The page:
I did it again. More than halfway into writing a novel, I knifed it. This time, I lopped off the entire first chapter of my Teen Novel #3. Ahh!
Hmm, losing a single chapter doesn’t sound like a very big hunk, does it? What if I told you that the offending chapter was twenty-four pages long? Yeah, twenty-four. Way too long for most chapters in most books, and nearly coma-inducing for the opening of a teen novel. And the thing is, I knew it wasn’t working almost from the moment I wrote it. Yet it took a while to reach the point where I could let go of it, allowing it to morph into what it needed to be.
Well, this morning, I finally let go.
The first chapter is arguably the most vital and most challenging for any writer, whether that writer is creating fiction or nonfiction, adult or YA. Chapter One has so many jobs: establish a unique and bewitching voice, introduce the characters, kick off the main plot, hint at the subplots, and just plain entertain enough to hook the reader. Go too heavy-handed on any of those aspects, and you’ve got a clunker of an opening. All this accounts for why a writer can get bogged down in writing, rewriting, refining, reworking those first few pages, we know what’s at stake.
A few years back, I tiptoed into a seminar by amazing author Richard Peck about fifteen minutes after it’d started. As I stumbled and tripped my way to the seat at the far end of the last row, I heard advice that has stuck with me since: When Richard is done with a manuscript, he goes back to the beginning of the manuscript, grabs hold of the first chapter, and then throws it unceremoniously into the trash. He doesn’t even look at it. His reasoning is that he didn’t know the characters or full story when he wrote that opening, so there’s no way it could be as good as a first chapter he’d write once the book was done and he knew how the thing ended. Richard has one Newbery Medal and a Newbery Honor to give credibility his tactic. He probably knows what he’s talking about. (Plus he’s a really nice guy, but that’s beside the point.)
My problem with Teen Novel #3 has been that I haven’t ended the book yet. I’m only 90 pages into it. So no, I don’t know the full story yet. I’d tried to ignore the chapter, focusing on getting the first draft done. But the darn opening kept tormenting me, throbbing like a sore thumb even as I looked away. I knew it was bad. I knew it was too long. I knew it didn’t set the tone for the story I’m trying to tell. I knew it had to go. Yet there were many elements in it that I liked, and I’d established some key plot and character points therein. How could I just abandon it?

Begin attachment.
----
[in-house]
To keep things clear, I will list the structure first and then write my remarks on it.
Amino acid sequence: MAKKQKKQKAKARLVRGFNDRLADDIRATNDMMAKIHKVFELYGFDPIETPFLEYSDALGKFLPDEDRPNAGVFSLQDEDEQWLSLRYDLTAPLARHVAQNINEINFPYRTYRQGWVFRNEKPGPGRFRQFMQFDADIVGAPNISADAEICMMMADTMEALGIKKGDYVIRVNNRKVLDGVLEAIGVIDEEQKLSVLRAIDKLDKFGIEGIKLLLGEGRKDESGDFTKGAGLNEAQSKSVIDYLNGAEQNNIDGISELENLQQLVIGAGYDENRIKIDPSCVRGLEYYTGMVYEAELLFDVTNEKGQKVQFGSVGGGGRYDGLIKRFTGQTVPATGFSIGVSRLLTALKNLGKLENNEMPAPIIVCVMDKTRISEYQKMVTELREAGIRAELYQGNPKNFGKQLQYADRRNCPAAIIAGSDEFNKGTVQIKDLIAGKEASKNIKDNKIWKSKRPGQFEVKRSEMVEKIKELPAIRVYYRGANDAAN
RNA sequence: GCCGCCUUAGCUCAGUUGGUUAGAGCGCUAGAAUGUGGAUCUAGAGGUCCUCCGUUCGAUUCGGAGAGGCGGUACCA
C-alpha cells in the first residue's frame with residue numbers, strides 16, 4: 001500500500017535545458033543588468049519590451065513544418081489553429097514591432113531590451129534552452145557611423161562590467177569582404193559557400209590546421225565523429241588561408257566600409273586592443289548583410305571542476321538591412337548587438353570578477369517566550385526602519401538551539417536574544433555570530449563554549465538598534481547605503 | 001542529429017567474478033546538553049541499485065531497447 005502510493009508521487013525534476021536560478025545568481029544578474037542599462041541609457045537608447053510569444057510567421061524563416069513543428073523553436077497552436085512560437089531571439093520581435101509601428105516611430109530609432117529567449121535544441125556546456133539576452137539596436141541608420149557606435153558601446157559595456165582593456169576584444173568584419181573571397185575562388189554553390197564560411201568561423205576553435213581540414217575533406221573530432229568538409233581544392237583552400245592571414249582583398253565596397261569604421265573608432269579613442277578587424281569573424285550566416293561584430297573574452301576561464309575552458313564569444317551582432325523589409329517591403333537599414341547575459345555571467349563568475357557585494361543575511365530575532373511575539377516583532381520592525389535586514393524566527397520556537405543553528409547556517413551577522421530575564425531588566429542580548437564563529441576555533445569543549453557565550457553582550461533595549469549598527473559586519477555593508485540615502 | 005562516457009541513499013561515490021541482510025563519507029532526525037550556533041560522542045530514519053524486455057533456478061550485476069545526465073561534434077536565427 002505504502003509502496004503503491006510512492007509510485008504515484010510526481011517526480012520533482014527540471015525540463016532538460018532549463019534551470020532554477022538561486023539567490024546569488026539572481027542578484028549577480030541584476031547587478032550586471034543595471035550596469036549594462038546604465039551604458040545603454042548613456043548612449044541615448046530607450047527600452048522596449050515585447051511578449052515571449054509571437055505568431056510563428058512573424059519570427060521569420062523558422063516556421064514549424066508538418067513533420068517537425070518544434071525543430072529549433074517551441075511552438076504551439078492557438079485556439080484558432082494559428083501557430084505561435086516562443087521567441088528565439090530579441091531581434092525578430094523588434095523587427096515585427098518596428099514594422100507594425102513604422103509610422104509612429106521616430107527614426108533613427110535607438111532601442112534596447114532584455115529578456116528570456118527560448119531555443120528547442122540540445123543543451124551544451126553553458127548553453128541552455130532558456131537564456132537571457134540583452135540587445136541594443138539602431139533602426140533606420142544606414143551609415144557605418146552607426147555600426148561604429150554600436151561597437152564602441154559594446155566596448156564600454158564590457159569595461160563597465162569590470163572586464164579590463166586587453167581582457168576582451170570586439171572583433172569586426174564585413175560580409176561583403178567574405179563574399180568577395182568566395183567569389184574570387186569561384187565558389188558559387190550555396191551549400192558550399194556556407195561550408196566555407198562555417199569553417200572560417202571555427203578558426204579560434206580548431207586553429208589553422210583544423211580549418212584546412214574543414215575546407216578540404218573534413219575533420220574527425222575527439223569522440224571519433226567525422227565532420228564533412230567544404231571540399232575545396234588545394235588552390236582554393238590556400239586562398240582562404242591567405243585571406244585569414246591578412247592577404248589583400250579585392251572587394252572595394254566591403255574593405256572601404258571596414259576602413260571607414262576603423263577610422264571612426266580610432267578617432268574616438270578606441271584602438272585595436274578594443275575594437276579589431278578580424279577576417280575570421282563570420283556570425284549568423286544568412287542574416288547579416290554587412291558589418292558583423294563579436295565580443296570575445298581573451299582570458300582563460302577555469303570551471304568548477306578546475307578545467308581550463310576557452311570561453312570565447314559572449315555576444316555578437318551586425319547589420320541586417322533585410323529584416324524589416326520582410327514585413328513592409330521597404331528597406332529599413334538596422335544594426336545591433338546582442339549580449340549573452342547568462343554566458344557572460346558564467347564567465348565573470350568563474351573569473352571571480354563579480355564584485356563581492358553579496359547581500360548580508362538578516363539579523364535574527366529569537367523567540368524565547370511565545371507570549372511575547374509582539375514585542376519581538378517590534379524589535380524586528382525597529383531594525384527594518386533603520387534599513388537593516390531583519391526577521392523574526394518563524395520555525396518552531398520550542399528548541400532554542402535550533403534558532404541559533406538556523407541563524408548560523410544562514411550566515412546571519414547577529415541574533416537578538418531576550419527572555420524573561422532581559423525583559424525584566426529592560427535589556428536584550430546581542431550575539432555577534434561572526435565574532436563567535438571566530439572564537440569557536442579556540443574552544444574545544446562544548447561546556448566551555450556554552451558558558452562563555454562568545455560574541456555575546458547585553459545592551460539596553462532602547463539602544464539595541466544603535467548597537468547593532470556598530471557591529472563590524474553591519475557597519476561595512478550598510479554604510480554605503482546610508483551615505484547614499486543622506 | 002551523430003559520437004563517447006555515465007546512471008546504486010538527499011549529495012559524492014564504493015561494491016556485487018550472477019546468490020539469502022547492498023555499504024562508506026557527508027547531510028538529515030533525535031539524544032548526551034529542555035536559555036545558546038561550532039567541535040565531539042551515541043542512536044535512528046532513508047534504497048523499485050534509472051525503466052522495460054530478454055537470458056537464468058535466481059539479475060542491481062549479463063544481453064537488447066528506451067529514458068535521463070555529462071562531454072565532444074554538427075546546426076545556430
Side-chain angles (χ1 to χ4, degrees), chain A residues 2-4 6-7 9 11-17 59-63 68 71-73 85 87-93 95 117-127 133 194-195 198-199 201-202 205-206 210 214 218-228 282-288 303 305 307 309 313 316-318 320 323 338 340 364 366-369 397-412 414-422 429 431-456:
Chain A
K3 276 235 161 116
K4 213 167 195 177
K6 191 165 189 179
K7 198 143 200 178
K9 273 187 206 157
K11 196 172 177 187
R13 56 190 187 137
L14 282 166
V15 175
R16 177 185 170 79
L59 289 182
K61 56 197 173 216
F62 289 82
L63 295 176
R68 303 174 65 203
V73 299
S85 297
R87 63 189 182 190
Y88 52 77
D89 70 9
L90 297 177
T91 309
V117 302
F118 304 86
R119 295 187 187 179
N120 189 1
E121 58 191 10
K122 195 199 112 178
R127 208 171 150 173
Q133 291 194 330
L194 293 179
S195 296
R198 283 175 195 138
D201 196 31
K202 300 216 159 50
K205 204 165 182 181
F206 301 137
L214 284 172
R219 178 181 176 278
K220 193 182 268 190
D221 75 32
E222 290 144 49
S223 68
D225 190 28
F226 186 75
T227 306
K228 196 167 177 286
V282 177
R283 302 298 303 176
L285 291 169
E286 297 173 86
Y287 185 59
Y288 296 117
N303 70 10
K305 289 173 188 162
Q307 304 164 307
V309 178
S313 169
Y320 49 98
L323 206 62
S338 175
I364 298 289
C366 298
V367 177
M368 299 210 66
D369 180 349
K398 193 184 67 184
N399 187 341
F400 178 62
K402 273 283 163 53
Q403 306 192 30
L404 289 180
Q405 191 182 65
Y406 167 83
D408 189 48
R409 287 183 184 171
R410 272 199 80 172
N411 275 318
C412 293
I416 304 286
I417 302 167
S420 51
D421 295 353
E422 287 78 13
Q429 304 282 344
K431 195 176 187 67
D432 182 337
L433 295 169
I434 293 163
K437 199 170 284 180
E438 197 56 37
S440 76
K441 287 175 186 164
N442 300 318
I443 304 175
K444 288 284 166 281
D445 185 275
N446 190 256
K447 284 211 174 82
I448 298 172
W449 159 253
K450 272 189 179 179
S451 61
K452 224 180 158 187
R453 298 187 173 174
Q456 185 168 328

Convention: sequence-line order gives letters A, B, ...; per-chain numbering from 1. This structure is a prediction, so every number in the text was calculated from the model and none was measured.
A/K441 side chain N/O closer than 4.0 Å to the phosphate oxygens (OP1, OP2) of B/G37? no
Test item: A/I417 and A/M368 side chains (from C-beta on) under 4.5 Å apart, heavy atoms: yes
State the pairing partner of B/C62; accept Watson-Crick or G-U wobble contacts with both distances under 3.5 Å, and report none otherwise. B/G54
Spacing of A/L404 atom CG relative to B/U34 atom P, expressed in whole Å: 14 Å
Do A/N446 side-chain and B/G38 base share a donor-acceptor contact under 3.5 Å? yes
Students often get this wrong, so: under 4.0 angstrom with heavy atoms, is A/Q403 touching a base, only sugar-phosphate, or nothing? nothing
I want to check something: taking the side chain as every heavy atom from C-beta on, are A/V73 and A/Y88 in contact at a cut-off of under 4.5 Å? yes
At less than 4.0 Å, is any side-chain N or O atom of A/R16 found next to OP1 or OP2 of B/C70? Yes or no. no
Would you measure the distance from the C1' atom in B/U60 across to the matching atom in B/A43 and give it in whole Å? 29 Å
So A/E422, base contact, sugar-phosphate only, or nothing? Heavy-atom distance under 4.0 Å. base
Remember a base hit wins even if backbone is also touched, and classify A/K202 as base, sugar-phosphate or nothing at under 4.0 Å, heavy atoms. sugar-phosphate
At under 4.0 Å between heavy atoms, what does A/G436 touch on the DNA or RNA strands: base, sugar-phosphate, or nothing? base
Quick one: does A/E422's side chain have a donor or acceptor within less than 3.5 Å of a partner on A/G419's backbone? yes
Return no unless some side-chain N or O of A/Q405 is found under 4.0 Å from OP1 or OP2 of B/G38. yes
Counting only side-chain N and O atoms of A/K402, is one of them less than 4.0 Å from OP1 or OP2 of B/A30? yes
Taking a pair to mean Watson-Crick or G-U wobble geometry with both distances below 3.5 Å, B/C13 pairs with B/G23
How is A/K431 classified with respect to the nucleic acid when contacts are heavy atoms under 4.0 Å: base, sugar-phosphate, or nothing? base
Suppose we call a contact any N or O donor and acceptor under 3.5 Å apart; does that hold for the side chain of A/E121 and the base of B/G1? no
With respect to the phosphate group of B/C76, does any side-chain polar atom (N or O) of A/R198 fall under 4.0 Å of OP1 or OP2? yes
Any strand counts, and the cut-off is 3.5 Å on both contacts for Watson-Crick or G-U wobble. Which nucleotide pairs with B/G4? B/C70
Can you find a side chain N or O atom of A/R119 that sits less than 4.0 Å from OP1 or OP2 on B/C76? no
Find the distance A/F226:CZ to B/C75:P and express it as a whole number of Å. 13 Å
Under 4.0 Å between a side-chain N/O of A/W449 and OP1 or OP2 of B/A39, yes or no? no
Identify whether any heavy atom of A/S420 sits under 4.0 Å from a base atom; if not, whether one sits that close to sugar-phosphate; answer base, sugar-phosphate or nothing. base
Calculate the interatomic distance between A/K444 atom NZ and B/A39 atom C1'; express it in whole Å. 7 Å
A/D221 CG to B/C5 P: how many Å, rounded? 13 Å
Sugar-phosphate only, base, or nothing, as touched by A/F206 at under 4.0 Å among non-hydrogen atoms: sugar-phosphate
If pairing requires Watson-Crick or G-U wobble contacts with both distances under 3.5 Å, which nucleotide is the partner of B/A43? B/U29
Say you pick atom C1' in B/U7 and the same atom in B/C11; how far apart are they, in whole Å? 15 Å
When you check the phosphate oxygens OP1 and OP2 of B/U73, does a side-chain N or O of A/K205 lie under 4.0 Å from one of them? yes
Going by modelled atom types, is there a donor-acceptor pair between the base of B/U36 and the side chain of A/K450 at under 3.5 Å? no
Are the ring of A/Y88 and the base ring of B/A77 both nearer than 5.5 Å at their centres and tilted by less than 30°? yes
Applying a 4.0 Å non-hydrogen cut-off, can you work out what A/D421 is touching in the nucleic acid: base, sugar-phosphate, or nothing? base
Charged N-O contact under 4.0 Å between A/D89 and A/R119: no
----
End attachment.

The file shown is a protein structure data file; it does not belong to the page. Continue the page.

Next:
Then I went on vacation with my husband and no computer, and my brain cleared. I didn’t look at this manuscript at all, just read books for fun, enjoying their successful first chapters and, most importantly, getting inspired by the amazing openers I was reading. Then, on the airplane home, I pulled out a pen, turned to the first blank page of the paperback in my hand, and scratched out a whole new first page for Teen Novel #3. I barely had to think about it, the words seemed to pick me. It was a completely, totally, absolutely different opener, and I loved it. Oh, the release!
This morning I completed that scene I’d started on the plane. Chapter One of Teen Novel #3 is now a whopping three pages long–and I still love it.
So there you have it. After a year of stewing over my opening chapter, I finally lopped it off in one clean swipe. And there’s is no pain at all, not a drop of blood to show for it. I finally let go and allowed the story to tell me how it should begin.
Now I just wonder what the story will have to say when I finish the entire manuscript….